Four years after South Sudan became the world’s newest country, its civil war has reached horrific levels of violence. Between April and June, government forces, together with associate militia, carried out an aggressive offensive in the north. Despite meeting little resistance in many areas – only women, children, and the elderly remained in most villages – troops killed civilians, torched homes, and beat, raped, and abducted women. At least 100,000 people have been displaced and untold numbers are left suffering.
There were opposition fighters who did fight in some villages, but in most cases, men fled the advancing army and militia to run with their cattle, or because they feared execution. Many of the women stayed behind because they thought they would be safe since they are not combatants. Soldiers burned down homes, and abused women terribly.
Many women who were found by fighters in the villages were beaten. But these women often said they were lucky to just be beaten, not raped. There has been a lot of sexual violence. Women were often raped in groups. Other women were abducted and taken as “loot.”
The fighters destroyed everything people need to survive. They burned the stores of food inside huts and stole tens of thousands of cattle, which are the main source of wealth in South Sudan. They also wrecked the compounds of non-governmental organizations or humanitarian organizations.
Tens of thousands of people are staying at a UN camp. Humanitarian workers in the UN base are working around the clock to get these people what they need — food and shelter. But when they first arrive, they have very few options, the base is dirty and crowded, and they cannot even get plastic sheeting to protect them from the weather.
More than two dozen armed groups are involved in the civil war that has left tens of thousands dead and has been marked by widespread atrocities on both sides. The fighters accuse the government of plotting to stay in power indefinitely, not fairly representing and supporting all tribal groups while neglecting development in rural areas.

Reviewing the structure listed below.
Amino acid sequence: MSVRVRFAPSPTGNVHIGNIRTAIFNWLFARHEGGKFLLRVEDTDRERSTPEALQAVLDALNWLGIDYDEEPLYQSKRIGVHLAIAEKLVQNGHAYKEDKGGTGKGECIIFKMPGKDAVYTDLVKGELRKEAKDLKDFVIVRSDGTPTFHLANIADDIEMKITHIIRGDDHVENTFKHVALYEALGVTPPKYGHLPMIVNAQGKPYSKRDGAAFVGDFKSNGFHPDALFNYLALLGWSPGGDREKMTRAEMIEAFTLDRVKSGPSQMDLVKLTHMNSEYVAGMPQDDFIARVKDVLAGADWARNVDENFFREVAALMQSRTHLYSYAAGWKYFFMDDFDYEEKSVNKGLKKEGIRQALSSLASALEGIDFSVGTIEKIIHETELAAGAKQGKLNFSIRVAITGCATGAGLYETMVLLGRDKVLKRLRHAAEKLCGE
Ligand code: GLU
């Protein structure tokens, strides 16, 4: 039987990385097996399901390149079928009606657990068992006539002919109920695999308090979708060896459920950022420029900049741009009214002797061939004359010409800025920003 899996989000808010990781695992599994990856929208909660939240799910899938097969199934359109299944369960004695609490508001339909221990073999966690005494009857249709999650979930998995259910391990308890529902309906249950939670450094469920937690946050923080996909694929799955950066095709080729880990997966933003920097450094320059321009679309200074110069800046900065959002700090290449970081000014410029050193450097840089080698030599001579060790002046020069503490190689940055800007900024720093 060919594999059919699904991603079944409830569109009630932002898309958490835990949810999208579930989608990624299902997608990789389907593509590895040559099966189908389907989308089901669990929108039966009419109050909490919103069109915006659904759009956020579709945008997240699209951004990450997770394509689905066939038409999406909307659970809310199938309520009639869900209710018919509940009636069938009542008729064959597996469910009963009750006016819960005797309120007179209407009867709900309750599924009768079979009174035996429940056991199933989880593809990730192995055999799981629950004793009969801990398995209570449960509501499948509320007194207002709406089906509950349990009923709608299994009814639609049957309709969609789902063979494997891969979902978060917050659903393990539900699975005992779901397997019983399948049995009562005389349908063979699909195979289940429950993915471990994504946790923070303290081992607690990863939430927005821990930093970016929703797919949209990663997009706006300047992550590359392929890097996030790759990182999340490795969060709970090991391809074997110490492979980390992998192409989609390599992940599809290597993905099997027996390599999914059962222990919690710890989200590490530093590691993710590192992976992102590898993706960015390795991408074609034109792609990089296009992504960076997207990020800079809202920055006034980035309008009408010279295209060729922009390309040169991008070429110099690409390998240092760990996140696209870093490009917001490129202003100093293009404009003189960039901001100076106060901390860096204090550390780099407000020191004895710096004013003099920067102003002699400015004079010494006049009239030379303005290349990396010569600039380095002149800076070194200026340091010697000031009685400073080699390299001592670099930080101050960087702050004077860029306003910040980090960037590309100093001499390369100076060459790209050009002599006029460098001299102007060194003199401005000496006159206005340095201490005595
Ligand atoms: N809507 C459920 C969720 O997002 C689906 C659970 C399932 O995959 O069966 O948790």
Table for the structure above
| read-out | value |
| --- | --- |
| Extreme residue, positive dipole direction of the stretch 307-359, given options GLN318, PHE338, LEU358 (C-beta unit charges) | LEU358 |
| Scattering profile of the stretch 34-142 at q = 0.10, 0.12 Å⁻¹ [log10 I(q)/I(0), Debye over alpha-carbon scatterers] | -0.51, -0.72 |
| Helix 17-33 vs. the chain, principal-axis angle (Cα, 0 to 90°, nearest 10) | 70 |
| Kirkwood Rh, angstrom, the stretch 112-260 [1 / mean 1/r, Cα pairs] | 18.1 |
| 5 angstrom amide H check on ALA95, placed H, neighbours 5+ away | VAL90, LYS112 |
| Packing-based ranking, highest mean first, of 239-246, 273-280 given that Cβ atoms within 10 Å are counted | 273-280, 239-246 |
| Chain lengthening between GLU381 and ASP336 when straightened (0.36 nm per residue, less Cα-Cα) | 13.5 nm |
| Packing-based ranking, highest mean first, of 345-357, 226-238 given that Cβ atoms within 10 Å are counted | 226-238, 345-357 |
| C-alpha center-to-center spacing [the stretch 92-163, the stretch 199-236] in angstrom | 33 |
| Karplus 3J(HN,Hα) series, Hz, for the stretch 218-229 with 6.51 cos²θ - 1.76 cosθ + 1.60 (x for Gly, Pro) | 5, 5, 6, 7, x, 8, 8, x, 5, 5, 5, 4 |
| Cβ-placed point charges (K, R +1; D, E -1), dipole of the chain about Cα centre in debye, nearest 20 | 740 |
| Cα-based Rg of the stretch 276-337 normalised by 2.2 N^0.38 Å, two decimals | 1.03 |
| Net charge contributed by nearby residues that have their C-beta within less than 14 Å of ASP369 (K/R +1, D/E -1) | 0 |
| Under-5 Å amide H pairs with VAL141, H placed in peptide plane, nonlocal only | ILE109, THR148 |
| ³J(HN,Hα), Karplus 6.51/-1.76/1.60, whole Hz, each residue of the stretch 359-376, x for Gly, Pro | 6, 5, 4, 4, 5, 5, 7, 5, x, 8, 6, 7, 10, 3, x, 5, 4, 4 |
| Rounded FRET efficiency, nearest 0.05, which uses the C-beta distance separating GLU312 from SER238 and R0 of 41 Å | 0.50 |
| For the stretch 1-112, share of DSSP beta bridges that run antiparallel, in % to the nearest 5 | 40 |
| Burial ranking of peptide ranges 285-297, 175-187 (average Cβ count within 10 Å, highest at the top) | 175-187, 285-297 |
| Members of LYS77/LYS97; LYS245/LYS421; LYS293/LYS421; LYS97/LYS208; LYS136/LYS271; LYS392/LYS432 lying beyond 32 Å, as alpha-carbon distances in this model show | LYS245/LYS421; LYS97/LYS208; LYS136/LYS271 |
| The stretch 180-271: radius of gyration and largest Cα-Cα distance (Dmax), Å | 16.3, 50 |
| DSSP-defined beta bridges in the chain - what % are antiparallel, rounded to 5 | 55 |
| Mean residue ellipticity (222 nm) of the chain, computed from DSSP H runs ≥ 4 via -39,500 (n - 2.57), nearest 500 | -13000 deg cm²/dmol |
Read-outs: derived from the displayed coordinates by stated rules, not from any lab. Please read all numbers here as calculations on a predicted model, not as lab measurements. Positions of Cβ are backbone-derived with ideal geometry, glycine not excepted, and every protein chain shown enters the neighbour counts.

Peace talks in neighbouring Ethiopia restarted recently as international pressure mounts ahead of an August 17 deadline to strike a deal. However, a recent split among rebels has seriously threatened to interrupt the ongoing peace talks.
South Sudan is a landlocked country in northeastern Africa that gained its independence from Sudan in July 2011. Since then she has suffered internal conflict. She has the highest score on the Fragile States Index (which measures a state’s vulnerability to collapse or conflict). The population is estimated to be 8 million. The economy is predominantly rural and relies chiefly on subsistence farming. [HRW, Digital Journal, Wiki]
Meditation on Scriptures:
God is a righteous judge, a God who displays his wrath every day.
If he does not relent, he will sharpen his sword; he will bend and string his bow.
He has prepared his deadly weapons; he makes ready his flaming arrows.
(Psalm 7:11 – 13)
God is just, and wants to be seen diligent in his duty of close surveillance of wicked people. He is always well prepared for necessary violent actions, stocking up the most powerful and deadliest weapons against the wicked who do not change their ways.
- the international community will call for sanctions against rebel commanders, and initiate an arms embargo to stop the flow of new weapons and military hardware to the parties.
- peace talks can continue.